UK July inflation soars to above-forecast 4.4%

LONDON - British inflation shot up in July to more than twice the central bank's target as food prices rocketed, official data showed on Tuesday, dousing expectations of any near-term interest rate cuts.

By (Reuters)

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Published: Tue 12 Aug 2008, 6:09 PM

Last updated: Sun 5 Apr 2015, 11:53 AM

The Office for National Statistics said consumer prices were unchanged last month, which took the annual rate of inflation up 0.6 percentage points to 4.4 percent.

This was both the biggest jump and the highest rate since the data series began in 1997, and left inflation far above the Bank of England's 2.0 percent target.

Analysts had predicted a rise to 4.1 percent and interest rate futures fell on the report as dealers bet interest rate cuts to boost the slowing economy were unlikely soon.

Economists said that even a rise in interest rates in the next month or two could not be ruled out.

"It is very disappointing data with widespread signs of higher price pressures," said Philip Shaw, chief economist at Investec. "It will undoubtedly convince some members of the Monetary Policy Committee to vote for higher rates but we doubt they will reach a majority."

Bank of England policymakers had seen these figures at their meeting last week when they left rates unchanged at 5.0 percent. Their new quarterly forecasts due on Wednesday are almost certain to show a much higher near-term inflation profile.

Their economic growth outlook, however, is likely to be much lower. Recent data point to an economy teetering on the edge of recession as house prices slide and consumer confidence crumbles.

The chief culprit for the inflation spike was soaring food prices. They were up a record 13.7 percent on the year as the cost of meat, particularly bacon, ham and poultry, has risen sharply.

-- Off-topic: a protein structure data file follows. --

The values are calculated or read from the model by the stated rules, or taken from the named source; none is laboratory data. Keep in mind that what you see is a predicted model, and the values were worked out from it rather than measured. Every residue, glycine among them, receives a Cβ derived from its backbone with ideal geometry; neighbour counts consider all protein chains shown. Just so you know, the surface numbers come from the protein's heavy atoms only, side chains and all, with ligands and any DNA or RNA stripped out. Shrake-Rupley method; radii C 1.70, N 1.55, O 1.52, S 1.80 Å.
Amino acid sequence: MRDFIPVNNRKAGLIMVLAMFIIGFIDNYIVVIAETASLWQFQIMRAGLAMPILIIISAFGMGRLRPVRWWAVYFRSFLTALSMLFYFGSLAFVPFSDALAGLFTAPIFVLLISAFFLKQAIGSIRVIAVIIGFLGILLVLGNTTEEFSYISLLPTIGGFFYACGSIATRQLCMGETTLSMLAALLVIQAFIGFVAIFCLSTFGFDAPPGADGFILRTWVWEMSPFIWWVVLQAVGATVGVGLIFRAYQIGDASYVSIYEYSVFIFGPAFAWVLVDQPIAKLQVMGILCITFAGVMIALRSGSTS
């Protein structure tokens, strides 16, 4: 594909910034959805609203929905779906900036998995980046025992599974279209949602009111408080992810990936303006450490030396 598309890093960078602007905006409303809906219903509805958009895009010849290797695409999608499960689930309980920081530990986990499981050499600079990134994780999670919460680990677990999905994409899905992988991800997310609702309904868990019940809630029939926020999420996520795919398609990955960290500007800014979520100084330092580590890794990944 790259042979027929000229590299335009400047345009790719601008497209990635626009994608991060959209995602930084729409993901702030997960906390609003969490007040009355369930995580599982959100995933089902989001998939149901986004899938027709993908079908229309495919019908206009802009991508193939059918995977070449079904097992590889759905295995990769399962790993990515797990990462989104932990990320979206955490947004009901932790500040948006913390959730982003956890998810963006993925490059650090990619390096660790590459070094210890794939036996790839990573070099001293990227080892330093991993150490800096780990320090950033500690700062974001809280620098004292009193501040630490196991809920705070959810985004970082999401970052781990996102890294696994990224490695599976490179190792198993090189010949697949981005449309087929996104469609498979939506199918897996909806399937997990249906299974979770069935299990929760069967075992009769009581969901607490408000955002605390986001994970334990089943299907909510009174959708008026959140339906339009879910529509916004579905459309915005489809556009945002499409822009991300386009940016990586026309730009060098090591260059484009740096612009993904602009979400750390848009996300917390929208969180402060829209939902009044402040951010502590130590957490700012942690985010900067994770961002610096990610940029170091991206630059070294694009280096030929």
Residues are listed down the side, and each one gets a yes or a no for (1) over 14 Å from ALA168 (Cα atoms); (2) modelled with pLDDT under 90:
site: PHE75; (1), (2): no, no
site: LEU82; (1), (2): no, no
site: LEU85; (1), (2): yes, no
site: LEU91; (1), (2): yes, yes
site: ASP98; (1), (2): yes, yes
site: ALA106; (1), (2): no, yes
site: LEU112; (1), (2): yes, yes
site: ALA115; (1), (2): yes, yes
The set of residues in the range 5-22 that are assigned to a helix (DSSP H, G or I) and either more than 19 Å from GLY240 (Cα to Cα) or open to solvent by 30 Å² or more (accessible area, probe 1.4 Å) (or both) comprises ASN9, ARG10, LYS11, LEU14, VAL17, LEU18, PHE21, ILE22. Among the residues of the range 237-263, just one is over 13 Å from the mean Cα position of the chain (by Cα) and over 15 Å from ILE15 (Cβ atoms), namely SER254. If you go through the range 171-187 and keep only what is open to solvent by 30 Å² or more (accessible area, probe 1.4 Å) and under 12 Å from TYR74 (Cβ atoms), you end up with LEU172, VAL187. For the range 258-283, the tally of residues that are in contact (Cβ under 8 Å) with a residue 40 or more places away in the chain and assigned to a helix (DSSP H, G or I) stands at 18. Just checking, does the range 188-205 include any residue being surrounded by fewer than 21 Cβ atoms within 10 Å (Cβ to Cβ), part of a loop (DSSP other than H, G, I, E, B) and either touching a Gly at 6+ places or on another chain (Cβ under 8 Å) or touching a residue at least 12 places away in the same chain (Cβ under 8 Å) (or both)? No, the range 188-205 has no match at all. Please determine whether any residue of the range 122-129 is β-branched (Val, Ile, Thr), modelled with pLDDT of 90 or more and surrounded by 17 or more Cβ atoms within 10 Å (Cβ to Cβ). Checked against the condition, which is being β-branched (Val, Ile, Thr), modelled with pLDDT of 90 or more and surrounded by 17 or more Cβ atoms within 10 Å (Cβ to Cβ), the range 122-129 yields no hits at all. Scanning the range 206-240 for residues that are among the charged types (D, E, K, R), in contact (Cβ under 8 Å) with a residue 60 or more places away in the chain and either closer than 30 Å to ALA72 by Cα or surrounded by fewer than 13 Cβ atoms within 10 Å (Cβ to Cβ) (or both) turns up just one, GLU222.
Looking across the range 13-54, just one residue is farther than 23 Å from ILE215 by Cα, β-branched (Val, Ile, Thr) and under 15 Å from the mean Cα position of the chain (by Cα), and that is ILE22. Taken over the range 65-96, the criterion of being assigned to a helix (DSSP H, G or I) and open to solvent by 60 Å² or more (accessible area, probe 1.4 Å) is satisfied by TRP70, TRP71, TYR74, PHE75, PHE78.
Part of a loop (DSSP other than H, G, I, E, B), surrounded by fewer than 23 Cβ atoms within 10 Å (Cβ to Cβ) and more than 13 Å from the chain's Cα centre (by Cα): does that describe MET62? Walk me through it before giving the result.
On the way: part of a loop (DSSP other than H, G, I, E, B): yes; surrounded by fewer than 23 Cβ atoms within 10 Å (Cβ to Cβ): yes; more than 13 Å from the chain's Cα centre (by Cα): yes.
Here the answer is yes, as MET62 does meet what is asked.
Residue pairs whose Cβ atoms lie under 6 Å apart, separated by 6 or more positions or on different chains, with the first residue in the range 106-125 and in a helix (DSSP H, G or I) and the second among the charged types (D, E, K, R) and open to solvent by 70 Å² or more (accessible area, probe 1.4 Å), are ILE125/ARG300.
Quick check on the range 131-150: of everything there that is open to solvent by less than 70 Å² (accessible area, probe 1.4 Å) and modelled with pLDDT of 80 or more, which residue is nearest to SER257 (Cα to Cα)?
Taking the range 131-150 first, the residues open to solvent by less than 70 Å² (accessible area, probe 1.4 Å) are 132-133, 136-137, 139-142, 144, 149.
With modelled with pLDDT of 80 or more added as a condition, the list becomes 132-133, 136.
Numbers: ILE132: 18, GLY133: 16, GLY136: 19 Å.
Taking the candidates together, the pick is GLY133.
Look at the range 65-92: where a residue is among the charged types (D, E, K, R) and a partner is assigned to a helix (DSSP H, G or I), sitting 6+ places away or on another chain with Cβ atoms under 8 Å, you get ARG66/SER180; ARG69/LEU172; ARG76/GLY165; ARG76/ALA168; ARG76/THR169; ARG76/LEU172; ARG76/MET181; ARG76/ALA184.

Bread and cereal prices also shot up. Overall, food and non-alcoholic beverages added 0.28 percentage points to the annual CPI rate.

Higher petrol prices also played their part in lifting inflation as the figures were collected before much of the recent sharp slide in oil prices. Crude oil prices have shed more than $30 a barrel from their peak above $147 in mid-July.

Still, the inflation rate is expected to shoot higher in the next two months, possibly even reaching 5 percent as some utility companies have announced tariff rises of more than 30 percent.

Worryingly for policymakers concerned about second-round effects RPI inflation, on which many wage deals are based, shot up to 5 percent, the highest rate since July 1991.


Policymakers were split three ways on rates at their June meeting. Hawk Tim Besley wanted to raise them, dove David Blanchflower wanted to cut them and the remaining seven opted for no change.

Minutes of last week's meeting won't be available for another week but are likely to show divisions deepening as the both the growth and inflation outlooks have deteriorated.

Figures out earlier on Tuesday from the Royal Institution of Chartered Surveyors showed house prices still sliding in the three months to July as the number of completed sales per surveyor fell to its lowest in at least 30 years.

A separate report from the British Retail Consortium showed sales fell 0.9 percent on a year ago in July when measured on a like-for-like basis.

"The window is closing for the Bank of England to raise rates but it (the CPI data) will make it harder for an early cut," said Ross Walker, economist at RBS.

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